Usual Pediatric Dose for Cerebral Spasticity:

PEDIATRIC PATIENTS:
-The starting screening dose for pediatric patients is the same as in adult patients, (50 mcg); however, for very small patients, a screening dose of 25 mcg may be tried first:
INTRATHECAL:
SCREENING PHASE: Prior to administering this drug as a continuous intrathecal infusion, patients must show a positive response to administration of an intrathecal test dose in an initial test phase:
-FIRST TEST DOSE: 25 to 50 mcg (in a volume of 1 mL) injected into the intrathecal space by barbotage over at least 1 minute. Observe patient for 4 to 8 hours for a positive response.
-SECOND TEST DOSE (if no positive response to first test dose): 75 mcg (in a volume of 1.5 mL) may be administered 24 hours after the first test dose. Observe patient for 4 to 8 hours for a positive response.
-THIRD TEST DOSE (if no positive response to second test dose): 100 mcg (in a volume of 2 mL) may be administered 24 hours after the second test dose. Observe patient for 4 to 8 hours for a positive response. If no positive response to third test dose, the patient should not be considered for chronic intrathecal therapy.

POST-IMPLANT DOSE TITRATION PERIOD:
-The test dose that received a positive response should be doubled and given over 24 hours, unless the efficacy of the bolus dose was maintained for more than 8 hours, in which case the starting daily dose should be the screening dose delivered over 24 hours.
-No dose increases should be given in the first 24 hours for programmable pumps and in the first 48 hours for nonprogrammable pumps.

AFTER THE FIRST 24 HOURS: The daily dosage should be increased slowly by 5% to 15% increments and only once every 24 hours, until the desired effect is achieved.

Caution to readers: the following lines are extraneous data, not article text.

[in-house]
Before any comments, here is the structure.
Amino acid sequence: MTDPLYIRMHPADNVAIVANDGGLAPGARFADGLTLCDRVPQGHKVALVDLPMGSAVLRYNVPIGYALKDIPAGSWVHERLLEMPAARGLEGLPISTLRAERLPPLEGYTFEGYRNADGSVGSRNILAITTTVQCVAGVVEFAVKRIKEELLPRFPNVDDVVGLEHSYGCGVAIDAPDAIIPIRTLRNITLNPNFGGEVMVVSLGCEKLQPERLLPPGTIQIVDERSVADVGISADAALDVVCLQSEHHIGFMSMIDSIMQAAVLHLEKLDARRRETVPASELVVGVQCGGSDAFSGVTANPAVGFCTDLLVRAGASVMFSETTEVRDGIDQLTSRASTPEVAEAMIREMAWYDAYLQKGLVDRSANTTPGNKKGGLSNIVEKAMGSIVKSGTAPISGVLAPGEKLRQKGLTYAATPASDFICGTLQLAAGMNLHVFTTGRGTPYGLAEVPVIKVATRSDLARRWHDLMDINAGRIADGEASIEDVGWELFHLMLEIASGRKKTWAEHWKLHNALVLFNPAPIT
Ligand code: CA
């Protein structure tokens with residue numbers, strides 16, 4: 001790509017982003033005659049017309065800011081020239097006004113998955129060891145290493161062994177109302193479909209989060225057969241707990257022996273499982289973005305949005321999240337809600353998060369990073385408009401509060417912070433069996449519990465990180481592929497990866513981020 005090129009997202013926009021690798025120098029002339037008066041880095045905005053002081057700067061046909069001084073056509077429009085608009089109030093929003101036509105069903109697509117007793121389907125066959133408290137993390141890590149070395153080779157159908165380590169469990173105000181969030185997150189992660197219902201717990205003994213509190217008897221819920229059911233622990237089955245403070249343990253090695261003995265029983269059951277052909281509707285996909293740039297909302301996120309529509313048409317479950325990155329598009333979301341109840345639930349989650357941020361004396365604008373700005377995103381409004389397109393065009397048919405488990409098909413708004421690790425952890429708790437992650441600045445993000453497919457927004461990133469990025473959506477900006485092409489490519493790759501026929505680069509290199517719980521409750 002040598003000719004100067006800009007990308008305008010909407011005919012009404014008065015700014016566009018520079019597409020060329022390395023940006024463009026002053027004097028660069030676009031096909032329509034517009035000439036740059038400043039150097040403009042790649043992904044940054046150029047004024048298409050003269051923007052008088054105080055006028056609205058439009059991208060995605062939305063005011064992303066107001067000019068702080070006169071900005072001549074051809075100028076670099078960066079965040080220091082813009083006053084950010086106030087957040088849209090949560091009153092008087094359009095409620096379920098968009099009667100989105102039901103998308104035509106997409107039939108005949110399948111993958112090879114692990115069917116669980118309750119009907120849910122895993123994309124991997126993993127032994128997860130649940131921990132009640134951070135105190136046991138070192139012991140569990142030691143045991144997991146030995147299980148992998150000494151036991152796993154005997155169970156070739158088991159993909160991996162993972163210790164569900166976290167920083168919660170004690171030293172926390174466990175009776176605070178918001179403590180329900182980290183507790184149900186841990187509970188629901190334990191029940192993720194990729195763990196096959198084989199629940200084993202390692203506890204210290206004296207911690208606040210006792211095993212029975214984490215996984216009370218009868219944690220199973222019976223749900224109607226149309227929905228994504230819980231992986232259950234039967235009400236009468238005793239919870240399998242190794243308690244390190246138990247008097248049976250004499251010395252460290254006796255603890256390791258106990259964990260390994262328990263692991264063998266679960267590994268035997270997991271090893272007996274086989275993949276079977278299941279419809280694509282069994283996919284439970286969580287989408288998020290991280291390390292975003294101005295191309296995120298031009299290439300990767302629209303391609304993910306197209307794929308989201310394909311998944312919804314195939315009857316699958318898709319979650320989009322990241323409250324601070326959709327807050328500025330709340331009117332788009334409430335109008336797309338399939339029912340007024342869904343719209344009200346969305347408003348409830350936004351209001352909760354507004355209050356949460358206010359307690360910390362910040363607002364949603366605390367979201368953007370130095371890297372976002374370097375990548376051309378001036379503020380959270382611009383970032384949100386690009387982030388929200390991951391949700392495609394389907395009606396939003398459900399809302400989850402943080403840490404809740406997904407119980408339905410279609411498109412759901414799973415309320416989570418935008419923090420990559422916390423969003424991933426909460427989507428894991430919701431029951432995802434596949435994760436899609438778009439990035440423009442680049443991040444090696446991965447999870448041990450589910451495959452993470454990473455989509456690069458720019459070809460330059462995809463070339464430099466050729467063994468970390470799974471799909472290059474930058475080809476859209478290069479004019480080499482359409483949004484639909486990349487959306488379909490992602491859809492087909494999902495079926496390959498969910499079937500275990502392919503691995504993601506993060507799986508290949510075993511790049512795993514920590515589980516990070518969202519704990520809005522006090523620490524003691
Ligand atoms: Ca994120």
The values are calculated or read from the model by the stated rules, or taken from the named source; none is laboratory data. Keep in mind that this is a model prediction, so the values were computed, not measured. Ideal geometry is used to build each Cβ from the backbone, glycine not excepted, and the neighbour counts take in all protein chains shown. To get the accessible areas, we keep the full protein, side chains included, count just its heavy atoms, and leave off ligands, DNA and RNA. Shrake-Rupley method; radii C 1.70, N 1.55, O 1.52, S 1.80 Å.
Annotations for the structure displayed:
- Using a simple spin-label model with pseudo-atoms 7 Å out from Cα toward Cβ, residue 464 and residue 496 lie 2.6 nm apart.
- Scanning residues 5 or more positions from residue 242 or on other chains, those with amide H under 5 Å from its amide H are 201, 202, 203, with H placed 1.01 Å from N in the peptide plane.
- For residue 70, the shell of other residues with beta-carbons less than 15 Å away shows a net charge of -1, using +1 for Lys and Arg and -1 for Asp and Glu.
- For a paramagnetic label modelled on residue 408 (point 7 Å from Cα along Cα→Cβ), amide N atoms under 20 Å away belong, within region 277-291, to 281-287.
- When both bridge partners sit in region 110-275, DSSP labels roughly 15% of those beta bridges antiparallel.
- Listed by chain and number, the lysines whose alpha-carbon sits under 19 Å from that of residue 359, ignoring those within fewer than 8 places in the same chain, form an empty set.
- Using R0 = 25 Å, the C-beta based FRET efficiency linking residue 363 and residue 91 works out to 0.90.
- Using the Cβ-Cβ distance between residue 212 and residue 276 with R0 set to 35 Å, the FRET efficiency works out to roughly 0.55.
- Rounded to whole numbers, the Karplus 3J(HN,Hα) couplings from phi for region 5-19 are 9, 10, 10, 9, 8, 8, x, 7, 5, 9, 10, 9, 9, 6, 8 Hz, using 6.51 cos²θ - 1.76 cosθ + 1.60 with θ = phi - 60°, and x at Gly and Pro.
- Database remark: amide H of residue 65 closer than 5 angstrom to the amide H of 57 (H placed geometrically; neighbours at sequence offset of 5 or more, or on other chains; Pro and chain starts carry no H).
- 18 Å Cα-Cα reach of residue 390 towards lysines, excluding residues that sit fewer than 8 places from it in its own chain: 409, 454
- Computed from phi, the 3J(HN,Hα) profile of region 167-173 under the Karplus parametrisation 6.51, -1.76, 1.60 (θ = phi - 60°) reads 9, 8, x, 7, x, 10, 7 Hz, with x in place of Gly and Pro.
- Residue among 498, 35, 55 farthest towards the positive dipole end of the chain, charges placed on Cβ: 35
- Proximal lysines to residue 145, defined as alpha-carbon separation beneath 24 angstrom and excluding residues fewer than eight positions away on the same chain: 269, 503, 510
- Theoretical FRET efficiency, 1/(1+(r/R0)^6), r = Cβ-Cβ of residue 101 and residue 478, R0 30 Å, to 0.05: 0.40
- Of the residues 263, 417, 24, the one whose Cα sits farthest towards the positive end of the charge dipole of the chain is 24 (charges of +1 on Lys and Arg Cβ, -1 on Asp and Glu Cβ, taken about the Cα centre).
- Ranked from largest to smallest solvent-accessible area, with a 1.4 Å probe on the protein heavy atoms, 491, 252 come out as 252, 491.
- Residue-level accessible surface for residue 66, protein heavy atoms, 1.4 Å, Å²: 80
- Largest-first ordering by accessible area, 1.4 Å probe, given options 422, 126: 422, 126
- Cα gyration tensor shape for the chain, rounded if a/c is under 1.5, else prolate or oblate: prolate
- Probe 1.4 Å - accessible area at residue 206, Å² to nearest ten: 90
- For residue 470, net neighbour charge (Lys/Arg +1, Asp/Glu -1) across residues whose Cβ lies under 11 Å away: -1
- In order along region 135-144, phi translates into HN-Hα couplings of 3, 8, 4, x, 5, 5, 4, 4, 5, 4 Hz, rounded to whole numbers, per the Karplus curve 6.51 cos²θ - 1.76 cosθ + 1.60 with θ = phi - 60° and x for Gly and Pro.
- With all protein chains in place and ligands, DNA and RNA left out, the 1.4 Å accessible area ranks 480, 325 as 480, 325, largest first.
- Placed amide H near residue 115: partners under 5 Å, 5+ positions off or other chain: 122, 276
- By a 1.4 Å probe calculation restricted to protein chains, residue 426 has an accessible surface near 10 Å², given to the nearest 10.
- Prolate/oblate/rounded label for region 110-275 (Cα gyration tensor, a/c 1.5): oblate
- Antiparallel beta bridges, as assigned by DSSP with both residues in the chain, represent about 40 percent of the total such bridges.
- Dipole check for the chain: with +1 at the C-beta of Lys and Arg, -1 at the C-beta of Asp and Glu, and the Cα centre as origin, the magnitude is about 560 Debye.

MAINTENANCE DOSING:
The same dosing recommendations for adults with spasticity of cerebral origin are used in pediatric patients:
-During periodic refills of the pump, the daily dose may be increased by 5% to 20%, but no more than 20%, to maintain adequate symptom control.
-The daily dose may be reduced by 10% to 20% if patients experience side effects.

MAINTENANCE DOSAGE FOR LONG TERM CONTINUOUS INFUSION:
-Age 12 YEARS AND OLDER: 22 to 1400 mcg/day, with most patients adequately maintained on 90 to 703 mcg/day; there is limited experience with daily doses greater than 1000 mcg/day.
-LESS THAN 12 YEARS OF AGE:
-Pediatric patients under 12 years seem to require a lower daily dose in clinical trials: 274 mcg/day, with a range of 24 to 1199 mcg/day

POTENTIAL NEED FOR DOSE ADJUSTMENTS IN CHRONIC USE:
-During long term treatment, approximately 5% of patients become refractory to increasing doses. There is not sufficient experience to make recommendations for tolerance treatment; however, this tolerance has been treated on occasion, in hospital, by a "drug holiday" consisting of the gradual reduction of intrathecal dosing over a 2 to 4 week period and switching to alternative methods of spasticity management.
-After the "drug holiday," intrathecal dosing may be restarted at the initial continuous infusion dose.

Comments:
-Determination of the optimal dose requires individual titration. The lowest dose with an optimal response should be used.
-For patients with spasticity due to head injury, it is recommended not to proceed to long-term until the symptoms of spasticity are stable (i.e., at least one year after the injury).
-A positive response consists of a significant decrease in muscle tone and/or frequency and/or severity of spasms.
-Many patients require gradual increases in dose over time to maintain optimal response during chronic therapy.
-A sudden large requirement for dose escalation suggests a catheter complication (i.e., catheter kink or dislodgement).
-Careful dose titration is needed when spasticity is necessary to sustain upright posture and balance in locomotion or whenever spasticity is used to obtain optimal function. Allowing occasional spasms may help support circulatory function, possibly prevent the formation of deep vein thrombosis, and optimize activities of daily living.
-Except in overdose related emergencies, dosing should be reduced slowly if the drug is discontinued for any reason.
-An attempt should be made to discontinue concomitant oral antispasticity medication to avoid possible overdose or adverse drug interactions, either prior to screening or following implant and initiation of chronic infusion.